sound turned low: a movie blog

"it's like black and white tv with the sound turned low" -- rumble fish

Saturday, 9 April 2011

So Long, Sidney Lumet

One of my favourite directors, Sidney Lumet died today, and as I heard about it on the news, there was one scene that immediately sprang to mind. Dog Day Afternoon was one of the films that really made me love film; it contains so many wonderful, moving, funny and heart-breaking moments, it's unimaginable.

The two-disc DVD of it is a treat, there's fantastic audio commentary by Lumet, as well as several fun features. It's a great tribute to a great film. My favourite scene is the one where Sonny calls Leon, and they have the saddest heart-to-heart ever captured on screen. All credit to Frank Pierson for the beautiful dialogue.

A phonecall between two estranged lovers, who know they probably won't see each other again. There's cops listening in on the conversation and it's just awkward as hell. It's only that scene that the estrangement between Sonny and Leon becomes so painfully clear to the viewer and you realise just exactly how bleak their situation is -- not with any big revelations of unhappiness, but everyday chit-chat that just goes round in circles. It's the precise moment Sonny loses any hope he had left.

It's five minutes between Al Pacino and Chris Sarandon. On the DVD commentary, Sidney Lumet explains how they shot it. The phonecall between Sonny and Leon ("his male wife", as Lumet puts it) and Sonny and his female wife Angie took about 14 minutes to film, but as a film reel only holds ten minutes and Lumet wanted to film the scenes consecutively, Lumet set up two cameras and curtained Pacino off from the rest of the set. The other actors were on the end of the phone, acting with Pacino.

After they did the first take, Lumet told Pacino he wanted to go again, and "he looked like I'd shot him, cos he was exhausted". It's the moment after the phonecall with Leon, when he drops his eyes.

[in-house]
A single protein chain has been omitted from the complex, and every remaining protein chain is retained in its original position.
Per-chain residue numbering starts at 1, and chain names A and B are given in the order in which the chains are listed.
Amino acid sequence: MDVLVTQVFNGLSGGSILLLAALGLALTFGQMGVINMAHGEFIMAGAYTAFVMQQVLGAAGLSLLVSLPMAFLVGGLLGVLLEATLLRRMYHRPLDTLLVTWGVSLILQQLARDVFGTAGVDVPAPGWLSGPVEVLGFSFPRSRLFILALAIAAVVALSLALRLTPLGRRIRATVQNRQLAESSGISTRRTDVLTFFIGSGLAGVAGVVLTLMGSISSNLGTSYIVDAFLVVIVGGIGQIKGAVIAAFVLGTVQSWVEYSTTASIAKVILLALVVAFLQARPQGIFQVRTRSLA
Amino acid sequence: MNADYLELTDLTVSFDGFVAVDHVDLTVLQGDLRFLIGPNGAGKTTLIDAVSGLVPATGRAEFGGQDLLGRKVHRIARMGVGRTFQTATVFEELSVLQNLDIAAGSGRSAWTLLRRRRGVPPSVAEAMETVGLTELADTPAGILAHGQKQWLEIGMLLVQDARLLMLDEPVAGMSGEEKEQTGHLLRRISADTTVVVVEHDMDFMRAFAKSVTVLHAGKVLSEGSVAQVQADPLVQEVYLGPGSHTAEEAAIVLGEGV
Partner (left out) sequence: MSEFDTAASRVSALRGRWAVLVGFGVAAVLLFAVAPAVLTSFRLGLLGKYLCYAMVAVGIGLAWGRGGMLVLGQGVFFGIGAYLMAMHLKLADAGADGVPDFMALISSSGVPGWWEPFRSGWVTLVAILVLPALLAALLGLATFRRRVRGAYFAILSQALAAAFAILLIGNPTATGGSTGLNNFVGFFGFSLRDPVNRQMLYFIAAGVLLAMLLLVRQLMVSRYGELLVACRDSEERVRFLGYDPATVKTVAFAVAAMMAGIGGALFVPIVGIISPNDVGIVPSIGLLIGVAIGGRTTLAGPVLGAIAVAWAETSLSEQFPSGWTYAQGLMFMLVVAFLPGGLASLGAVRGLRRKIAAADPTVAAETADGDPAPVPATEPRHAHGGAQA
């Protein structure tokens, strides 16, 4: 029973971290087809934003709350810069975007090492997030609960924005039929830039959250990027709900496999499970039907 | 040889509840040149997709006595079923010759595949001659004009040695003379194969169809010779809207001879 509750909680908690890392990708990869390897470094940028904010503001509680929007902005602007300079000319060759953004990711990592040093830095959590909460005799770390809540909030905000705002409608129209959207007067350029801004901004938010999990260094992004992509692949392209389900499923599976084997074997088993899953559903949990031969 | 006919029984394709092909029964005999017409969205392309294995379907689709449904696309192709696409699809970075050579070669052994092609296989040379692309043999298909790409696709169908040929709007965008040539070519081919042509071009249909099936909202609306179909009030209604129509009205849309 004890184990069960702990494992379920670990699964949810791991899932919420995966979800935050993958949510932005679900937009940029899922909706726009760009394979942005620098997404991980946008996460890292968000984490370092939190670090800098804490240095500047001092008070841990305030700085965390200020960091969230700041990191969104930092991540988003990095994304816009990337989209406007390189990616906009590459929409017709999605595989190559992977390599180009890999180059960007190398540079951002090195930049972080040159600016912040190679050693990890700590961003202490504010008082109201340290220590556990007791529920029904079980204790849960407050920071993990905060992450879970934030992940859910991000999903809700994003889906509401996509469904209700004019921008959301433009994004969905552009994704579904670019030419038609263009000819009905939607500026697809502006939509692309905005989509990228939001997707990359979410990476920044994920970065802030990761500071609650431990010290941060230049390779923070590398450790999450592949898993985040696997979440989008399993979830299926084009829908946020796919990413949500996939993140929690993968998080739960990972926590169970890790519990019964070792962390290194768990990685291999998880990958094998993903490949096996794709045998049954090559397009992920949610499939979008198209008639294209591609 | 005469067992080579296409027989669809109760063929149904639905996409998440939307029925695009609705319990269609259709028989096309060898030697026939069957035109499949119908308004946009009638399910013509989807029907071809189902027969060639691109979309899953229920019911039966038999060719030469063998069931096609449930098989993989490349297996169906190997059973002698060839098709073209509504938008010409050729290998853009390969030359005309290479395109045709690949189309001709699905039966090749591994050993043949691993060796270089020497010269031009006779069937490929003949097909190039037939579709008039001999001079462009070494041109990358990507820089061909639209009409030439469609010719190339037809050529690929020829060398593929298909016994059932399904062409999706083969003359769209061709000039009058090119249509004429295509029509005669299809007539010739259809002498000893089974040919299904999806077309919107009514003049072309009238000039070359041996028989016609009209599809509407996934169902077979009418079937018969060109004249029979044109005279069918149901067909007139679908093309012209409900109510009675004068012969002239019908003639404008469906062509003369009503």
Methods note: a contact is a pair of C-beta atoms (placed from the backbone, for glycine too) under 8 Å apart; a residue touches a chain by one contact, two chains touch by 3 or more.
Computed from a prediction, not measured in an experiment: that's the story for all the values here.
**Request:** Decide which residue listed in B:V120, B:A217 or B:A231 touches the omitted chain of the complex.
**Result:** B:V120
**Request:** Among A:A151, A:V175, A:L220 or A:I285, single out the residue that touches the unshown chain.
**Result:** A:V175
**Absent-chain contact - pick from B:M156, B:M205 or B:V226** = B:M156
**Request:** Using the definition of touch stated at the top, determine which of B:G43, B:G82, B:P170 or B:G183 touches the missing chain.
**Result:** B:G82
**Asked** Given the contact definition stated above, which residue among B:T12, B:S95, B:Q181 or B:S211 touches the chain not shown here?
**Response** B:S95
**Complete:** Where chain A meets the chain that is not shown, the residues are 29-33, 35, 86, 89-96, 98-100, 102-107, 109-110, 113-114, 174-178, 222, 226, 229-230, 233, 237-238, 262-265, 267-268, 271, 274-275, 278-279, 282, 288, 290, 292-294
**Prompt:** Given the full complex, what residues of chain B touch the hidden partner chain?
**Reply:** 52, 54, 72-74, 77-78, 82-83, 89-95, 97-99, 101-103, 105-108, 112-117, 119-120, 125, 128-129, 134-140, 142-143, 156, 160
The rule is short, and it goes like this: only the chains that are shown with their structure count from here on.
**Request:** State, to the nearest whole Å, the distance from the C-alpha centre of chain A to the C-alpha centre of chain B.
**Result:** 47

"The only thing that was missing in the brilliance of the performance, was the exhaustion of having been there since two-thirty that afternoon, and we were now maybe ten at night, and the exhaustion of doing it a second time shows in his face and that was the reason for going again." -- Sidney Lumet

It's not on YouTube, but I promise you it's worth buying the DVD for.

Monday, 21 February 2011

Last Night (2010)

Why there's a six-month delay in the film being released over here, I don't quite understand, but I'm very excited about the release of Last Night next month. Normally, I'd avoid movies about cheating like the plague (seriously, it's been done!), but with the amazing mix of accents in this trailer, I can't wait.

In recent years, probably since Atonement, I've become quite a fan of Keira Knightley's. Although I think she could do with doing less advertisements, she's picked some amazing films to star in; The Edge of Love being my favourite, and Never Let Me Go as another film on my most-looking-forward-to-in-2011-list.

Reviews so far have been pretty decent for Last Night and even if I can't judge the content yet, the film gets major props from me for allowing the actors to keep their natural accents. It's strange to me how New York is always portrayed in films to be such a melting pot, yet all too often non-American actors are forced to adopt some peculiar overly-unoffensive American accent for their adventures across the pond.

PS: Yay, Guillaume Canet!

Thursday, 13 January 2011

movie locations: Rizzoli's

Being able to spend time in New York is always a dream, but like a total nerd, visiting New York around Christmas meant there was a certain store I just had to visit: Rizzoli bookstore.

Angelo Rizzoli was a big-time publisher and movie producer who worked on 8 1/2 and La Dolce Vita with Fellini. In 1964 he opened Rizzoli International Bookstore in Manhattan and it's been featured in numerous films, most notably Falling In Love (starring Meryl Streep and Robert DeNiro) and Woody Allen's Manhattan.